Cadillac will use augmented reality for some audio alerts. As the car gets closer to a turn, the voice prompt comes from that side of the speaker array, and the prompt increases in volume.
The standard engine is a 6.2-liter, 420-hp V8 with 17 “dynamic fuel management” patterns, meaning ways of shutting off cylinders when not needed. Optionally, Cadillac will offer a 3.0-liter V6 diesel with 277 hp and 460 pound-feet of torque and, Cadillac says, it will meet all emissions rules. It’s good to see somebody still has faith in diesels. Both will use 10-speed automatic transmissions. MPG numbers aren’t yet available.
Standard convenience and safety features include haptic feedback through a vibrating safety-alert seat instead of beeps, emergency and automatic emergency braking, front and rear pedestrian detection, and lane keep assist, plus surround vision cameras to provide a seeming-overhead view of the car as it moves at low speeds.
Other driver assists are not offered on the entry Escalade model called the Luxury, but they are standard on the four trim lines above: blind spot detection and rear cross-traffic alert, lane departure warning on top of the lane change alert, and a rear camera mirror embedded in the inside optical mirror.
Other features are optional on two middle trims, Premium Luxury and Sport, and standard on the upper crust Platinum Luxury and Platinum Sport models: Super Cruise, enhanced auto emergency braking, reverse automatic braking, and automatic seat-belt tightening (after you buckle up). Night Vision is optional on the top four lines.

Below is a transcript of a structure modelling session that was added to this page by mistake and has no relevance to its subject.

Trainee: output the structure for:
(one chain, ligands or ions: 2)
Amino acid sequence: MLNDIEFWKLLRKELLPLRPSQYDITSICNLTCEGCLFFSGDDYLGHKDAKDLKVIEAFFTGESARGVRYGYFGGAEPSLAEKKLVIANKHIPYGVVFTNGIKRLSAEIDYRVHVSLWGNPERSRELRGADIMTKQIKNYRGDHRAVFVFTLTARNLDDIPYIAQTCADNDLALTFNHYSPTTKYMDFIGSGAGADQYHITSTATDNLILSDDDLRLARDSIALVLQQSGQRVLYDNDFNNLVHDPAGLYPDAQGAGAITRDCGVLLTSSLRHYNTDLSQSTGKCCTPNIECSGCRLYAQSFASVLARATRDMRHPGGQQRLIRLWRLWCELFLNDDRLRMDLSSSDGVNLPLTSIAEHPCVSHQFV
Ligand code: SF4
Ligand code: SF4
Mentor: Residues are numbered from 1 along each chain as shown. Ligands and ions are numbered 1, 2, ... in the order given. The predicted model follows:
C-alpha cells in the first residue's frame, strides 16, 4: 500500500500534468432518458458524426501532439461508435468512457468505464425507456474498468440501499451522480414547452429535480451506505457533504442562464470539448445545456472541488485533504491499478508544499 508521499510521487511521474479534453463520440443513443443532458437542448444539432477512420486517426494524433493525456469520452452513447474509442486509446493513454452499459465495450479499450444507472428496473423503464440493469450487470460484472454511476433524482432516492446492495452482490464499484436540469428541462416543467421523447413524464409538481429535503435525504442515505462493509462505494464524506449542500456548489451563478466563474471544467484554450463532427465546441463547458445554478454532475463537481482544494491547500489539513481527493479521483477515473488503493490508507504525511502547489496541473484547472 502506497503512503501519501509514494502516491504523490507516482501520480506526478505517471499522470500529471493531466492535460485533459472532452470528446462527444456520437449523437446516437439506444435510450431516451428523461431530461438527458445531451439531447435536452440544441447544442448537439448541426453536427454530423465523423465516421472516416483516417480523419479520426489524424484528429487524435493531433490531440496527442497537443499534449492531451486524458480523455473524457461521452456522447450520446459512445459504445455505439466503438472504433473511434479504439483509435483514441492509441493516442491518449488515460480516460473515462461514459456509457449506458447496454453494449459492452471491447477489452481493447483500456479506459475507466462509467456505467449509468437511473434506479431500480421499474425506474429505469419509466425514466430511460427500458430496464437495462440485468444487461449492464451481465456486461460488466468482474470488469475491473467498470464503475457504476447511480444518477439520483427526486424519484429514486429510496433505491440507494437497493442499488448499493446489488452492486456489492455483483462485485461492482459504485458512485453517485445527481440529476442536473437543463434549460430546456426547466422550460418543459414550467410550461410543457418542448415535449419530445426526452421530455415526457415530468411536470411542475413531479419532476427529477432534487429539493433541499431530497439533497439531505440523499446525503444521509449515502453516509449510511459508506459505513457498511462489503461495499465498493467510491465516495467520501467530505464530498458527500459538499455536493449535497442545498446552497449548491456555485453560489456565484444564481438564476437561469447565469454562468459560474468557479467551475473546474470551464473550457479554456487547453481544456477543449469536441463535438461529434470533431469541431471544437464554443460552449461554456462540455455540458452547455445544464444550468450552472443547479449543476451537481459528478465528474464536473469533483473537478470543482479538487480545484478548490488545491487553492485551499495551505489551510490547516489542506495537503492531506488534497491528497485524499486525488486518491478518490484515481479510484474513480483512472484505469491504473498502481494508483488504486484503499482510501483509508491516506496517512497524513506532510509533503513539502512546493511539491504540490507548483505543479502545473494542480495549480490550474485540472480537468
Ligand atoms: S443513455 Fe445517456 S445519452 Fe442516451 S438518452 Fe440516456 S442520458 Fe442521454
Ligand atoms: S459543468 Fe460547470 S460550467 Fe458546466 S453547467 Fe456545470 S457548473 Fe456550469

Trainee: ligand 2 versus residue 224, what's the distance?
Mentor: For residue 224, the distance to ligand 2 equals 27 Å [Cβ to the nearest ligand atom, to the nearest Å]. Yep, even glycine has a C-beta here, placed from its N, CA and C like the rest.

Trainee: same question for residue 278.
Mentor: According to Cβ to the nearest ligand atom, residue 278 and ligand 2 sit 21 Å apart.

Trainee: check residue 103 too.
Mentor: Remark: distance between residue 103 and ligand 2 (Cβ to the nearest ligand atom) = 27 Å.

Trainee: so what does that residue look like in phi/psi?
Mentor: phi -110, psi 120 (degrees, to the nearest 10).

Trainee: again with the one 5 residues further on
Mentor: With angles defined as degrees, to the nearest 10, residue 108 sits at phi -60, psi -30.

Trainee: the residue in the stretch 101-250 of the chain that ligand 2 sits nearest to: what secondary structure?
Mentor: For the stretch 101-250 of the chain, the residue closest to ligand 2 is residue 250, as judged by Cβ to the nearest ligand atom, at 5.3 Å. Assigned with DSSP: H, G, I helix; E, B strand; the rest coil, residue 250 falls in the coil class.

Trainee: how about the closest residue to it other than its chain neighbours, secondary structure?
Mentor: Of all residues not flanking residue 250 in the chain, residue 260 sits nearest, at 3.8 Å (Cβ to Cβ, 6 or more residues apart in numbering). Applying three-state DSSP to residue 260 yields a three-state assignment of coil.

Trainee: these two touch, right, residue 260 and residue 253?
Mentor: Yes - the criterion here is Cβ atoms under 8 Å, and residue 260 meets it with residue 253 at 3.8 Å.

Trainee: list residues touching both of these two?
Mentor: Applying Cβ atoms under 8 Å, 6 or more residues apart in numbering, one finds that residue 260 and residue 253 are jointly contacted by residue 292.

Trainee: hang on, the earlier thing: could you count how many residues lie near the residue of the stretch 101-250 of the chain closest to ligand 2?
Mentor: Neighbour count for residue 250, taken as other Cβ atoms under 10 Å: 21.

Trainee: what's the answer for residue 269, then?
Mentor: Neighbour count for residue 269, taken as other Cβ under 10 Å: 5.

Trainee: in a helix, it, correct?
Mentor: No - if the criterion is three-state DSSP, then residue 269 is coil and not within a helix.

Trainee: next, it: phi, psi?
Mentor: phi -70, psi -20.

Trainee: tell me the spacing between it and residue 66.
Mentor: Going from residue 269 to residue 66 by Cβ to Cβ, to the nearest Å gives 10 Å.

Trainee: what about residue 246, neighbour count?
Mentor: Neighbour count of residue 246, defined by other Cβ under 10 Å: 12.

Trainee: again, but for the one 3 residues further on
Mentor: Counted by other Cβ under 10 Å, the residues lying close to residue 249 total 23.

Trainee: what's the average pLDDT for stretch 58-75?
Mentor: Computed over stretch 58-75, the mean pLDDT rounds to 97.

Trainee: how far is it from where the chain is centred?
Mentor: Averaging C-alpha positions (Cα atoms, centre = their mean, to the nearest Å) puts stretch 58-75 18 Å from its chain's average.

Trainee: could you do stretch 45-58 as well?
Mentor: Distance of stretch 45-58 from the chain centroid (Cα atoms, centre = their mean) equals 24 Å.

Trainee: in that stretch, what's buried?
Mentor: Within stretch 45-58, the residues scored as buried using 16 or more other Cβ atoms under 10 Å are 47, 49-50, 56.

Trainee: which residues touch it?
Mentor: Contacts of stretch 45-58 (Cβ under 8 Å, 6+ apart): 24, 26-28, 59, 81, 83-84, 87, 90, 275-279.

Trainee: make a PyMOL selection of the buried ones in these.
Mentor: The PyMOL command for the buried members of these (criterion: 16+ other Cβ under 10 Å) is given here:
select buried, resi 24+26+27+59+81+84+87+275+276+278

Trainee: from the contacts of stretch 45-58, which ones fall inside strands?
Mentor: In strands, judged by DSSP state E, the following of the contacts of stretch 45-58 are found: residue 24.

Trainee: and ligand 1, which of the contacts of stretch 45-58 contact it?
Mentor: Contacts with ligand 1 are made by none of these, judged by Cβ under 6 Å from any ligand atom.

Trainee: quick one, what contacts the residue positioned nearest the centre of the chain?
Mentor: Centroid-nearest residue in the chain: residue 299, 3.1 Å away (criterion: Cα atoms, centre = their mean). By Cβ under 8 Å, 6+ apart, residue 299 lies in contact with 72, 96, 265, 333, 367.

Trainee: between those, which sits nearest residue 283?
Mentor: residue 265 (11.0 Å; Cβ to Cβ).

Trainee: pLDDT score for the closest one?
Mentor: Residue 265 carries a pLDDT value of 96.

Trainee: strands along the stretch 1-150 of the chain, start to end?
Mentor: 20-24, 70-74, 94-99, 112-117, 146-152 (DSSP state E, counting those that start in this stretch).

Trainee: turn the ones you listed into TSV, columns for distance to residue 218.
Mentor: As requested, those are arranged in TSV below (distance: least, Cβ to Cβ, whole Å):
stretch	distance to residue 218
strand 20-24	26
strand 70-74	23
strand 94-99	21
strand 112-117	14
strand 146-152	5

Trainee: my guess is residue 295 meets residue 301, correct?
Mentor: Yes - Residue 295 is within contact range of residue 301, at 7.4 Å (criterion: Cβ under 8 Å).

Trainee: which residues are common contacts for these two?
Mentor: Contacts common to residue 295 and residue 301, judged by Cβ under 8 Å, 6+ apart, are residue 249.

Super Cruise is enhanced Level 2 self-driving, meaning the car lane-centers and paces the car ahead. Unlike other L2 vehicles, it uses lidar reference maps of major US highways to help the car know exactly where it is. (There is no onboard lidar on shipping Cadillacs.) The 2021 Super Cruise also does automatic lane changes after the driver flicks the turn signal to show intent.
The driver-assist offerings are solid on higher-end models. But it’s somewhat unusual that on a premium vehicle that blind spot detection and adaptive cruise control (if not Super Cruise) aren’t on all five trim lines, standard. GM recently announced it would migrate Super Cruise to 20 vehicles across the GM line, outside the Cadillac brand.
The Escalade can be had with four-wheel drive, air-ride suspension, adaptive shock absorbers (Magnetic Ride Control), and a premium trailer package that includes multiple rear-camera views (one lets the driver seemingly see through the trailer).
The Escalade’s LA intro featured an appearance by Oscar-winning filmmaker Spike Lee, and the event was just days before the Oscars ceremony. But back in 2013, it was the NYC reveal that made news of its own. Then, the special guests at the unveiling were New York businessman and book author Donald Trump and his wife, Melania. The event was at an exhibition space on 18th Street in Manhattan.
Trump in the 1980s had teamed with Cadillac to produce a custom limousine, heavy on gold trim inside, with a fax machine and paper shredder. Fifty Trump Edition limos were planned and two were built.